PASCAL - Pattern Analysis, Statistical Modelling and Computational Learning

3D Visual Tracking of Articulated Objects
Teo de Campos
(2007) PhD thesis, University of Oxford.


The ability to track multiple and articulated objects is an important one, not least in the areas of autonomous and teleoperated robotics, visual surveillance and human motion analysis. This thesis is concerned with marker-free real-time detection and tracking of articulated objects, targeting human hands with the aim to study methods that can be applied to enhance the interaction between humans and 3D (real or virtual) objects. A survey summarises methods used to approach this and related problems in the literature. It indicates that, despite the large body of research in this field over twenty or so years, the area still proves challenging. Two main approaches have been identified. The first, known as generative tracking, uses an explicit kinematical representation of linkages or constraints between object parts and tracks by minimising error of projected control points. The second, known as discriminative approach, little is specified beforehand, but training data is used in order to create a map between image observations and 3D poses. This thesis describes novel work in both areas. In the generative area, a method for tracking of articulated objects is described. It is a new extension of a method for tracking rigid objects in which the motion constraints between parts of the object are imposed up-front within the tracking process. The inter-frame pose update is derived as the solution of a linear system. This method has been applied to track articulated objects, including hands and multiple objects with motion constraints. An alternative method is that based on estimating the motion of each subpart independently, thereby introducing redundant degrees of freedom, and imposing constraints later in a lower dimensional subspace. This method is reviewed and a comparison between this and the aforementioned method is presented in terms of accuracy, efficiency and robustness. In the discriminative area, an inference-based approach is adopted in which a non-parametric relation between global image measurements and 3D poses is learnt using a multivariate regressor based on Relevance Vector Machine. This relation is a continuous map that allows fast and efficient pose estimation from static images. This method can detect and estimate the 3D pose of hands from static images, so it can be applied to (re-)initialise the generative tracker. In this thesis, the use of multiple view is adopted as a solution to reduce the ambiguities for both generative and discriminative methods. Experiments with single and multiple views are described and a novel extension of the discriminative method for multiple views is proposed and evaluated.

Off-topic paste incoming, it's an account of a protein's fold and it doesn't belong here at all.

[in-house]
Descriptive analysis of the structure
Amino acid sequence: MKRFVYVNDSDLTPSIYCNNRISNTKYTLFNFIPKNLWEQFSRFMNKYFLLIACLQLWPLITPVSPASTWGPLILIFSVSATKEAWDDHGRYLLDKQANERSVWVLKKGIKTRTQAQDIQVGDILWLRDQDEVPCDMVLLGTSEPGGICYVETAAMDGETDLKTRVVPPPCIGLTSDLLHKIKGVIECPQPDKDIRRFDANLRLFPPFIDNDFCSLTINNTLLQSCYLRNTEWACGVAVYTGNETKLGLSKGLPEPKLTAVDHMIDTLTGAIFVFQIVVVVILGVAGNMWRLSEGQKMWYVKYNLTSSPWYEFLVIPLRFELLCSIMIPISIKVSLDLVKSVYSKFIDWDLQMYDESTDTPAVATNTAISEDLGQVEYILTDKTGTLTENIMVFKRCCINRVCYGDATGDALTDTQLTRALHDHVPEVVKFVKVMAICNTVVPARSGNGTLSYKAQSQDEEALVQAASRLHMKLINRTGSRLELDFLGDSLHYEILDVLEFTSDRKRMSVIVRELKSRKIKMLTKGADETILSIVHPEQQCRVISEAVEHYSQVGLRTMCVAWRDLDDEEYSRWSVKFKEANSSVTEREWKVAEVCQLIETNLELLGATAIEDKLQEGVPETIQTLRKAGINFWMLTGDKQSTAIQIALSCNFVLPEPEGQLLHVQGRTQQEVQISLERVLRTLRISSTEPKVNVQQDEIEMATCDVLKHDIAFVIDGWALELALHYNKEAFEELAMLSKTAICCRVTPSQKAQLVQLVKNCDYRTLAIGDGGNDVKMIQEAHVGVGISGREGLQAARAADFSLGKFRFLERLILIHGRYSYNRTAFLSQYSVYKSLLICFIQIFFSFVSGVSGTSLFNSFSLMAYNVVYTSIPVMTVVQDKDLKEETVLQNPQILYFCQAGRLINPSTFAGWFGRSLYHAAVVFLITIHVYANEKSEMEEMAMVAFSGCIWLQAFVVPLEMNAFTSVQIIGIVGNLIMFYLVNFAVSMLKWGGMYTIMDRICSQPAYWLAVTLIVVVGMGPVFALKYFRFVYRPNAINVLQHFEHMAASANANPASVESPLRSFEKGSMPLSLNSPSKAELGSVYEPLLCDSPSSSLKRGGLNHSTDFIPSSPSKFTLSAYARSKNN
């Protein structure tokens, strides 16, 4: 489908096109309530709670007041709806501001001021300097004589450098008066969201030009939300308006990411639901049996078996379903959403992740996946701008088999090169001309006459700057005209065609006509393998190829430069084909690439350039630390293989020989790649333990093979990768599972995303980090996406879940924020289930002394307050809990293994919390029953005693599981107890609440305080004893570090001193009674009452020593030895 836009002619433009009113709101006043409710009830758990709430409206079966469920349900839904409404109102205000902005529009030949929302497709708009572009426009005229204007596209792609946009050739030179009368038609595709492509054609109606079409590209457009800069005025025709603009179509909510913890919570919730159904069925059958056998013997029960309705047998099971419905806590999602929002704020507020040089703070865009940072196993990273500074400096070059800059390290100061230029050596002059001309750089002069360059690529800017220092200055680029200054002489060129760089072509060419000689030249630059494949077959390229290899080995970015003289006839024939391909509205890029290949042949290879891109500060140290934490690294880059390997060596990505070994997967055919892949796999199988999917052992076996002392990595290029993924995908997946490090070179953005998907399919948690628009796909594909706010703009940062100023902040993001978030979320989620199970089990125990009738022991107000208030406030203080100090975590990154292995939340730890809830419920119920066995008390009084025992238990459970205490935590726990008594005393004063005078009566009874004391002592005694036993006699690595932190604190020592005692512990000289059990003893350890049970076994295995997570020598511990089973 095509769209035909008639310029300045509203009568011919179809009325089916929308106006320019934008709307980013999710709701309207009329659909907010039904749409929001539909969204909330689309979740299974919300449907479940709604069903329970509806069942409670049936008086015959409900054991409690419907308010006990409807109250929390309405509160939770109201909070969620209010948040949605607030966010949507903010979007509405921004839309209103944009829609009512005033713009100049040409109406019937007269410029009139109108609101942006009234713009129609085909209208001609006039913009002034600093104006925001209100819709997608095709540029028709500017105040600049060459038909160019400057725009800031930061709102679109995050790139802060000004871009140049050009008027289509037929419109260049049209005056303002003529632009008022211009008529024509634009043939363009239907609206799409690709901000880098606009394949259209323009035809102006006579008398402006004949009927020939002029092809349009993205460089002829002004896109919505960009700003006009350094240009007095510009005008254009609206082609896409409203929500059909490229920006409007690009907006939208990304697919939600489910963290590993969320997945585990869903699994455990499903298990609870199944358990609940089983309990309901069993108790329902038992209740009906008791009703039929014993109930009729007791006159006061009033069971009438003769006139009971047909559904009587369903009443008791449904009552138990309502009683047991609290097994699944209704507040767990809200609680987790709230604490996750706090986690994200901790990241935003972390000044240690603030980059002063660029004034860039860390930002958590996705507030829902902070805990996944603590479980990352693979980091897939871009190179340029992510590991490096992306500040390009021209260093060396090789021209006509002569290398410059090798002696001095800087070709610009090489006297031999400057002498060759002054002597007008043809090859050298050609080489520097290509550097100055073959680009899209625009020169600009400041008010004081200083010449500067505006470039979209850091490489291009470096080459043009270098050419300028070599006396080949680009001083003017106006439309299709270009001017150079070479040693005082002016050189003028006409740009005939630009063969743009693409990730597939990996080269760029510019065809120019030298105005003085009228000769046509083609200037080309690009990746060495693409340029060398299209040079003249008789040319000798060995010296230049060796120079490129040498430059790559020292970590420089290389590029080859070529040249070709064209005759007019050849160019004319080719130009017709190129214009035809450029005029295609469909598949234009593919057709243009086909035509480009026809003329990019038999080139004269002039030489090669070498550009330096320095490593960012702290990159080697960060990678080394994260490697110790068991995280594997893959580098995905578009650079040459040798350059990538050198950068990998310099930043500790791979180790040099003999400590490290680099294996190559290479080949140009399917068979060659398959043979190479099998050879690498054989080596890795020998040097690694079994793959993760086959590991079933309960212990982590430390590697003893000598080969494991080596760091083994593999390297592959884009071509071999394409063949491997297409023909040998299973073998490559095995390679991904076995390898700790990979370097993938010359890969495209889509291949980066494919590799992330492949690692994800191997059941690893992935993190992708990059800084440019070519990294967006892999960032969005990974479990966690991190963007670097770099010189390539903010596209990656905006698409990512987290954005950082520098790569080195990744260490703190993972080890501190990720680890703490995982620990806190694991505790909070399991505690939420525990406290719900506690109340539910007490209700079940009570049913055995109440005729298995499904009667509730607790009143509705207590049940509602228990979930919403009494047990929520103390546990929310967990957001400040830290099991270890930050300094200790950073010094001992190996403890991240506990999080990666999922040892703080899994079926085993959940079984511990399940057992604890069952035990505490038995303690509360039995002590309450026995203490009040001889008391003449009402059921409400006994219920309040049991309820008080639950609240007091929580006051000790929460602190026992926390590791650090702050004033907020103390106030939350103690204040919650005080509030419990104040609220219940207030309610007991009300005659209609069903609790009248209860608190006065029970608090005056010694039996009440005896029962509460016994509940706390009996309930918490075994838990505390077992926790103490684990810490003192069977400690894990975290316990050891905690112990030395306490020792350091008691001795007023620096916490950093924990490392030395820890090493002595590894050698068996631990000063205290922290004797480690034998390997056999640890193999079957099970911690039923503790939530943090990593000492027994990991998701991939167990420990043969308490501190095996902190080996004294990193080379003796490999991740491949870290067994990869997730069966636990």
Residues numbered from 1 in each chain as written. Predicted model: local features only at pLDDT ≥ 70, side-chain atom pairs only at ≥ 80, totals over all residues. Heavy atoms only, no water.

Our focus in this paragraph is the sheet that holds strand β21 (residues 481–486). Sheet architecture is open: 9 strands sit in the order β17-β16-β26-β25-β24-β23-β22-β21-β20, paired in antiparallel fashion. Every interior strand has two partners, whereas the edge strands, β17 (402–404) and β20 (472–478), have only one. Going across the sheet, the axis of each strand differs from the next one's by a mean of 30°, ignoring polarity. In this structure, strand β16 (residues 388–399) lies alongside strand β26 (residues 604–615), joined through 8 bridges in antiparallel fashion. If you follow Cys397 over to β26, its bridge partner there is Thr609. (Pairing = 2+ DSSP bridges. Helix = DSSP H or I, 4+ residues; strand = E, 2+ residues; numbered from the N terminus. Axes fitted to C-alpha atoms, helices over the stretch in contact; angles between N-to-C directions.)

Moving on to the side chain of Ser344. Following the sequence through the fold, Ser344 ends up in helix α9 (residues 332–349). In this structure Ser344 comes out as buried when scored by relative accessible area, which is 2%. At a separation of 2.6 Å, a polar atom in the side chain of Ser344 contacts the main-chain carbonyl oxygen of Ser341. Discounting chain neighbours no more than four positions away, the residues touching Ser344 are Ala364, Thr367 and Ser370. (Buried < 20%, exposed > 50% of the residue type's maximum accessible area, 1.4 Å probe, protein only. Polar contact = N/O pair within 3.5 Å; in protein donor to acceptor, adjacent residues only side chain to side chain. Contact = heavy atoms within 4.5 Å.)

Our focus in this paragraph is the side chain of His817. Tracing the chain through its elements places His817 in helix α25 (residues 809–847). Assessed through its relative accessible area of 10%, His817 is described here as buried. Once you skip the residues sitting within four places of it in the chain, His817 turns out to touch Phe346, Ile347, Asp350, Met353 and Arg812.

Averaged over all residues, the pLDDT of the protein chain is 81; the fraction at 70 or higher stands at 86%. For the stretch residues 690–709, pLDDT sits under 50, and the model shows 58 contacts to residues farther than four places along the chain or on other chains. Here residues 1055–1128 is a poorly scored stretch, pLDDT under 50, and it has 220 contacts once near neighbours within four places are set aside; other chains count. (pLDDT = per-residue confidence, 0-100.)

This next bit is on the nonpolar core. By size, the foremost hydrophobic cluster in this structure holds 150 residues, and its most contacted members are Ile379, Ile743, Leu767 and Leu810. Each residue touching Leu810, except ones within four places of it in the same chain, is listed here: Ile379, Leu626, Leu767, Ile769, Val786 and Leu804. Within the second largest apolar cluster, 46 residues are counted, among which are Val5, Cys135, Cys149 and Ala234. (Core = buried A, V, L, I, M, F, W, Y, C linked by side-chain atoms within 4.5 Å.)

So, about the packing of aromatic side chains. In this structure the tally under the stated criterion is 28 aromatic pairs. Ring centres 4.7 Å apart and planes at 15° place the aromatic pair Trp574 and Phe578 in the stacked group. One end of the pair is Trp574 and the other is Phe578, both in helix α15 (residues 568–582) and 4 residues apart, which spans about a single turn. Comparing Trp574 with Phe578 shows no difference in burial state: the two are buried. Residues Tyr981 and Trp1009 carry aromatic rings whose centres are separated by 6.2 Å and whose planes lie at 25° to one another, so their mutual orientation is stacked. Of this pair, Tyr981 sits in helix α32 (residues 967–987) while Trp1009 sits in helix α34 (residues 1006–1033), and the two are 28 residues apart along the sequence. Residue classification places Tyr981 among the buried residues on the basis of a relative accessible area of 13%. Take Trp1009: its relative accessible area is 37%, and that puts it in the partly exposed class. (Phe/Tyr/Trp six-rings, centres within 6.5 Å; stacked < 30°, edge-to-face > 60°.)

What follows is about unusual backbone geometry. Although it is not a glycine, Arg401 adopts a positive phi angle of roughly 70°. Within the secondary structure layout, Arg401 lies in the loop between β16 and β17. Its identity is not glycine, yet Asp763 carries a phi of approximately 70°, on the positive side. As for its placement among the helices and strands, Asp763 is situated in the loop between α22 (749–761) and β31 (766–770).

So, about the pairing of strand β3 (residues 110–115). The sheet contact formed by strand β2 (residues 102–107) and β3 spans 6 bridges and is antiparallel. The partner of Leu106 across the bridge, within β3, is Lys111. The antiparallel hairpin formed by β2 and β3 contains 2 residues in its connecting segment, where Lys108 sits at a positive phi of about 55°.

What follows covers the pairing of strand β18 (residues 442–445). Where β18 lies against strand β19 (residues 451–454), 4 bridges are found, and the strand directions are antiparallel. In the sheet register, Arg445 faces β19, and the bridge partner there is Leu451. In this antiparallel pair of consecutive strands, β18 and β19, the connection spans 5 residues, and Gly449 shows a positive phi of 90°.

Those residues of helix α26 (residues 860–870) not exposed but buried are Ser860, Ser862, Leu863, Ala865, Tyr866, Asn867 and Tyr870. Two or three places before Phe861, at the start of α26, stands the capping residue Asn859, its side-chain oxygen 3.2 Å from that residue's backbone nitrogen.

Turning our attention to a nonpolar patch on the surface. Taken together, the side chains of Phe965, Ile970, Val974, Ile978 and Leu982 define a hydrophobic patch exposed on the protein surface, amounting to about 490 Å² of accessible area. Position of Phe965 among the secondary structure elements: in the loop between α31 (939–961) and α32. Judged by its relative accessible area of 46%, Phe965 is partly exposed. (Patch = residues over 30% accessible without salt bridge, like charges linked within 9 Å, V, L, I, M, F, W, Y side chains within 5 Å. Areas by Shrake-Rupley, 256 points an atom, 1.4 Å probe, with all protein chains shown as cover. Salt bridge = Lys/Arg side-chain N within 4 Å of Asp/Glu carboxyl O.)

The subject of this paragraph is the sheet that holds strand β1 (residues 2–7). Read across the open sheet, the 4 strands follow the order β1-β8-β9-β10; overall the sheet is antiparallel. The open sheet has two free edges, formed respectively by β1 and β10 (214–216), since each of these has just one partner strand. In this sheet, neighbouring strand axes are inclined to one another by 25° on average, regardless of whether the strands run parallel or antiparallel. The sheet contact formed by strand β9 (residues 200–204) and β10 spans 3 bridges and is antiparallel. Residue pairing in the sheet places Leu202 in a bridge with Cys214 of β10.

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EPrint Type:Thesis (PhD)
Project Keyword:Project Keyword UNSPECIFIED
Subjects:Machine Vision
ID Code:9144
Deposited By:Teo de Campos
Deposited On:21 February 2012